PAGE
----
The Minnesota Timberwolves had a pretty healthy 2016-17 season all things considered. Nikola Pekovic missed the entire season due to recurring ankle pain and Zach LaVine tore his ACL on a freak play in early February, but perhaps the most under-discussed (and now the most important since Pekovic retired and LaVine was traded) injury is Nemanja Bjelica’s navicular fracture.
The navicular is a small bone on the inside of the foot and is a key member of a group of bones known as the tarsals. The navicular plays an important role in maintaining the arch of the foot as well as helping the foot transition from being flexible at heel strike to more rigid during push-off during walking, amongst other things. Due to its location, importance and involvement during movement of the foot, as well as its tenuous blood supply, the navicular is the most frequently injured tarsal bone, though, overall, navicular injuries are pretty rare.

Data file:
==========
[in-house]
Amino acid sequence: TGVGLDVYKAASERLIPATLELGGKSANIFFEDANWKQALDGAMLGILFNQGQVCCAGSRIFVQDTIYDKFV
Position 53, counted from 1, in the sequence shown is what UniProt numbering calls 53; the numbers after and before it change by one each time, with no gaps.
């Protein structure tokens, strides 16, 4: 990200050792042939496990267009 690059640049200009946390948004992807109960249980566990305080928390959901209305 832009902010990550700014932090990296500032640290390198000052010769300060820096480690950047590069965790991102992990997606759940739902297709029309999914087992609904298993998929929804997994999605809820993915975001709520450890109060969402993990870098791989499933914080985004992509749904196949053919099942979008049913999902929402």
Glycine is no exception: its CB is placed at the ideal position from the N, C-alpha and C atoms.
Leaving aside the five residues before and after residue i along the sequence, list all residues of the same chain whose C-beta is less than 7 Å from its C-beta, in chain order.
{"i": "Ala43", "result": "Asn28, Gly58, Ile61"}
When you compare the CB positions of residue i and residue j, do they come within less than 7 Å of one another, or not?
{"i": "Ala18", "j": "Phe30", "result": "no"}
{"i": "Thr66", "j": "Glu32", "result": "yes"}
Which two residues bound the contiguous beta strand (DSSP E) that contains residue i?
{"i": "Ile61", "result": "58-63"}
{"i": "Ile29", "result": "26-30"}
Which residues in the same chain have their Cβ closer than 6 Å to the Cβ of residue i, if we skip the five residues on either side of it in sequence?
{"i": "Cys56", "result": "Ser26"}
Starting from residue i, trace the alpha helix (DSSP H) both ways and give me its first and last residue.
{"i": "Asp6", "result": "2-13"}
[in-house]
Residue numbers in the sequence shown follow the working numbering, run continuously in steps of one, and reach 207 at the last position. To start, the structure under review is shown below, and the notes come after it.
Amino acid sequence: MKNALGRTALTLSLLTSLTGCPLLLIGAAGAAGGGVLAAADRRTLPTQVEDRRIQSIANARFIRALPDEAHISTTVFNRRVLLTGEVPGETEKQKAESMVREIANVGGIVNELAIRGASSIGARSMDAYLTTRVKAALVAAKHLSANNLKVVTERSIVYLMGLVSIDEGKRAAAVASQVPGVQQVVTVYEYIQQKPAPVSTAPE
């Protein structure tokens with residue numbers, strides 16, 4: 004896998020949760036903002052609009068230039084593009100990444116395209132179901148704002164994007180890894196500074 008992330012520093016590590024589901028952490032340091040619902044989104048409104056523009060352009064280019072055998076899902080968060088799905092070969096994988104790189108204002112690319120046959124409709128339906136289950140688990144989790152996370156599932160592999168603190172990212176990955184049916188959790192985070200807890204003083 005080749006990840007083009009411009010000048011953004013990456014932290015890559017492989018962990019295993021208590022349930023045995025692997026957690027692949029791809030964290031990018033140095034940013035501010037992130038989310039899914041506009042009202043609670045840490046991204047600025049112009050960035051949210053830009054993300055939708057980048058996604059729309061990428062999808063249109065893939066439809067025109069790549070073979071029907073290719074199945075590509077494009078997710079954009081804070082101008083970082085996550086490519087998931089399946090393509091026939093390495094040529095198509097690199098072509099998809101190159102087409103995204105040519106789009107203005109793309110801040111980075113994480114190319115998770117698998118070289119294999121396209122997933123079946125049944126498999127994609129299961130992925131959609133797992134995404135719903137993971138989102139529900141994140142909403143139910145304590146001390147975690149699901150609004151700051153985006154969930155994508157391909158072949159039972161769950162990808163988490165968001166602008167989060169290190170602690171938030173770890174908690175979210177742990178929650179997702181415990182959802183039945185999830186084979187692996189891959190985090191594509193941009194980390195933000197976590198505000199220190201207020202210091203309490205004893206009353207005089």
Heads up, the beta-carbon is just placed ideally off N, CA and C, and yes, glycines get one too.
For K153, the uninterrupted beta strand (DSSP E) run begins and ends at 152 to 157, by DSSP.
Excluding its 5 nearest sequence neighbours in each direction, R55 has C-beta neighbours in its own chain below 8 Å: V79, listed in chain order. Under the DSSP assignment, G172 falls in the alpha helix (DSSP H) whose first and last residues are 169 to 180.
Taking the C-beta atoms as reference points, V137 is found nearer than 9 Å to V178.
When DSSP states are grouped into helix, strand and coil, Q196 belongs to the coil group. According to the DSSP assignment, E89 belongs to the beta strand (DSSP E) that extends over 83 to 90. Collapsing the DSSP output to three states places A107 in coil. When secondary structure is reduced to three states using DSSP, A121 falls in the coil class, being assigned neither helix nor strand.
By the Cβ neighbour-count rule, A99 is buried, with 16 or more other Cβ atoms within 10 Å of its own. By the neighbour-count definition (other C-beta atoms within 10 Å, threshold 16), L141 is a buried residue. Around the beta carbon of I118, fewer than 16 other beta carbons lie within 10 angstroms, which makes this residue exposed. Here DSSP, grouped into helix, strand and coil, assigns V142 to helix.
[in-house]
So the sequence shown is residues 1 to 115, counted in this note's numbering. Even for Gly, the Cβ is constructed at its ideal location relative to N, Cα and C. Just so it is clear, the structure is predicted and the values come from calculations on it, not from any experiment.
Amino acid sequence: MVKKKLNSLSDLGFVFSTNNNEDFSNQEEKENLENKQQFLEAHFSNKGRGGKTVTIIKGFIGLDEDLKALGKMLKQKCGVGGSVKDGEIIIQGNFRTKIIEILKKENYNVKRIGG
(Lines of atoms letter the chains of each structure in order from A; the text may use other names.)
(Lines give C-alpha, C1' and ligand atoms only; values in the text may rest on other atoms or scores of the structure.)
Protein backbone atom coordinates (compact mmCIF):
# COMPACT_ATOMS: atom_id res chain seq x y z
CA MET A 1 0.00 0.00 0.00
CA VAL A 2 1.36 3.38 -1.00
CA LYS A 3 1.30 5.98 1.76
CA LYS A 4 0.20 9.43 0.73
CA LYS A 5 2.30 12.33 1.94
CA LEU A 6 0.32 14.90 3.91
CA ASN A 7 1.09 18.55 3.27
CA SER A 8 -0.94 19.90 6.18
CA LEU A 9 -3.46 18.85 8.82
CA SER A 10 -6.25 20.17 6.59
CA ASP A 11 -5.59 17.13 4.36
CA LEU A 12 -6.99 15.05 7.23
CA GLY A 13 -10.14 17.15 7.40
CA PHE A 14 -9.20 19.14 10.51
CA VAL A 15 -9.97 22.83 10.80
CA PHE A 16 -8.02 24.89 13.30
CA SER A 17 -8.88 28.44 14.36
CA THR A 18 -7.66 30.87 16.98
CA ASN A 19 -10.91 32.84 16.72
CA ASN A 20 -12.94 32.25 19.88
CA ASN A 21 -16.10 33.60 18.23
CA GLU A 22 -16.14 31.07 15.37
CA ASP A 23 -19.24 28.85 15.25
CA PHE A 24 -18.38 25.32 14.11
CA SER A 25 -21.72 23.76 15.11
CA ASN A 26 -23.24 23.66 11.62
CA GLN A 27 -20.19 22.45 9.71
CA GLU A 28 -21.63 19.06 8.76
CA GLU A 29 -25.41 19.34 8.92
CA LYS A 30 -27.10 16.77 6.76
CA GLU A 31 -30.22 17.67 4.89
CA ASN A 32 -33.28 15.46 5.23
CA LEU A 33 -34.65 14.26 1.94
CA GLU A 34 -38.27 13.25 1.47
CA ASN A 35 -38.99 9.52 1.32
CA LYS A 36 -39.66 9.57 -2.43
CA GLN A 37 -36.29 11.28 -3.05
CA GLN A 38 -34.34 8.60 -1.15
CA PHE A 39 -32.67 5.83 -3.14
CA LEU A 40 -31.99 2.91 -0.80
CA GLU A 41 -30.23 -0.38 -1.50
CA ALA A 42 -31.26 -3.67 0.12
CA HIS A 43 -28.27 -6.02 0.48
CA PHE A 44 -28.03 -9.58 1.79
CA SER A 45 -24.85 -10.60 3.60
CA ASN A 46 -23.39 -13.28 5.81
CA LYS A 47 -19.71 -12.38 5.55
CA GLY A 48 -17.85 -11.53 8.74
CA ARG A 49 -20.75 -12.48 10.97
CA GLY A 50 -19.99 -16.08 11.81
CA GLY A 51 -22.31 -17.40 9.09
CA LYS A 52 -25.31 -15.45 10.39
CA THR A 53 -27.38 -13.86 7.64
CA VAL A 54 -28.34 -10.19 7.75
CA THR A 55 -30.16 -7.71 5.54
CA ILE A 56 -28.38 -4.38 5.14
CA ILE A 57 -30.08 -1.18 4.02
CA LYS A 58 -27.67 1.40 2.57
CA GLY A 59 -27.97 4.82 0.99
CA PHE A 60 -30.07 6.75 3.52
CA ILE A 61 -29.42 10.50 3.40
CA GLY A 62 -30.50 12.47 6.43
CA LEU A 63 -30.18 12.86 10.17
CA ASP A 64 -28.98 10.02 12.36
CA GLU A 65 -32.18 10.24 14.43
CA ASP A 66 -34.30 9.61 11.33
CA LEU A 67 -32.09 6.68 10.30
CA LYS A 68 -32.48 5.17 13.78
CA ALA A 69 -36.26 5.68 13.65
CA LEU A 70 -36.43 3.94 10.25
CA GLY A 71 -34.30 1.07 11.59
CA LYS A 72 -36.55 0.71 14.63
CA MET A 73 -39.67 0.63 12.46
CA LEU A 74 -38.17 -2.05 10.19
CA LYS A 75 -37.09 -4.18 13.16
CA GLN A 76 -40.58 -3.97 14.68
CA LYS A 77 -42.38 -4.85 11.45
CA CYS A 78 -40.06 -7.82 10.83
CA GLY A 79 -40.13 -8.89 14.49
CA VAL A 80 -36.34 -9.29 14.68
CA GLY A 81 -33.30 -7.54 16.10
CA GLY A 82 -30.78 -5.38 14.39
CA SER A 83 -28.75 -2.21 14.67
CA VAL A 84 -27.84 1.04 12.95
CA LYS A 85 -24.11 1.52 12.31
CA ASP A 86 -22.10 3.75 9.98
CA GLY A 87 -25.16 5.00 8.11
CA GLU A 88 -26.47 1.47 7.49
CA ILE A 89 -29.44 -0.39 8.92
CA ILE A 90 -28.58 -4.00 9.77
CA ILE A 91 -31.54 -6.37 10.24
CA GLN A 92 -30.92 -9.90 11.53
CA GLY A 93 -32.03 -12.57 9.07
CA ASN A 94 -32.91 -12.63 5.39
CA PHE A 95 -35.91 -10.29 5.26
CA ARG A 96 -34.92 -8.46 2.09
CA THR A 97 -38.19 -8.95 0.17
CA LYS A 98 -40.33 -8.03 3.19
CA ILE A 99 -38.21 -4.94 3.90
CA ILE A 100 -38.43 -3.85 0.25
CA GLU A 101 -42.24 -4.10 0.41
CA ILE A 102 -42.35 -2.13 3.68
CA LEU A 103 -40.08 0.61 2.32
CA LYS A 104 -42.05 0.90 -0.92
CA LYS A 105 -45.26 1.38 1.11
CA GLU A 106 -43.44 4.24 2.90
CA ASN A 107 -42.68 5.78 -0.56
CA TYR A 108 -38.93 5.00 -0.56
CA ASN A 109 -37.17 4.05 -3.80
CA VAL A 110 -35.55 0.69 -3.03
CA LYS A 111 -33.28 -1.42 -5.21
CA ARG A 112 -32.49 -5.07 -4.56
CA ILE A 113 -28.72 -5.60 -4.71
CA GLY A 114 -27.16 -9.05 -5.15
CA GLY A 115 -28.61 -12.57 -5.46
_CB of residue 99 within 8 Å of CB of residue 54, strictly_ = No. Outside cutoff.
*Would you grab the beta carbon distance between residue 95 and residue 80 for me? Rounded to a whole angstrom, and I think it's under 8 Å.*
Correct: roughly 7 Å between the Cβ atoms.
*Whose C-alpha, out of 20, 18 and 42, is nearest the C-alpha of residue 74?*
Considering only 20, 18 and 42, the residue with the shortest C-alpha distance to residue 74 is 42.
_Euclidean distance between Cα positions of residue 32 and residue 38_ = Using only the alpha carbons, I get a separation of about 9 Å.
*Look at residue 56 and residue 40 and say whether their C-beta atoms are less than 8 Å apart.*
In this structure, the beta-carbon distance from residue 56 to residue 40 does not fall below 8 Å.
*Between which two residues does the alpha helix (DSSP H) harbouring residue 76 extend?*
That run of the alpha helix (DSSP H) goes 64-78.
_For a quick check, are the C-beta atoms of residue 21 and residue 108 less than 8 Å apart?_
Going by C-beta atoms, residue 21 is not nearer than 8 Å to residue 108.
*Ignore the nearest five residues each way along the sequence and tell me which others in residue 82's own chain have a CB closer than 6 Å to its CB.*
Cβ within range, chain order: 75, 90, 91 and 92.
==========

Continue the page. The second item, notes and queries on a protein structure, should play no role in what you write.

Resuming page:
Bjelica had surgery to repair his fractured navicular bone in his left foot on March 21, 2017, after injuring it in a loss to the Boston Celtics on March 15th. There are three types of navicular fractures – avulsion, tuberosity, and body – and all three can either occur from acute (read: sudden) or chronic (read: stress fracture) trauma; it isn’t abundantly clear which of these Bjelica suffered as it was only reported that he had a fracture. All three are caused by stresses placed on the navicular directly and through structures that attach at specific sites on the bone, the details of which are beyond the scope of this article.
However, most navicular fractures occur in part because of an excessive axial force placed on the foot (think of a force running straight through the bone). As can be seen in the image below, Bjelica appears to injure his foot either has his left foot plants in preparation for a jump or right as he is about to take off; either motion would’ve no doubt place a significant axial force on his navicular bone.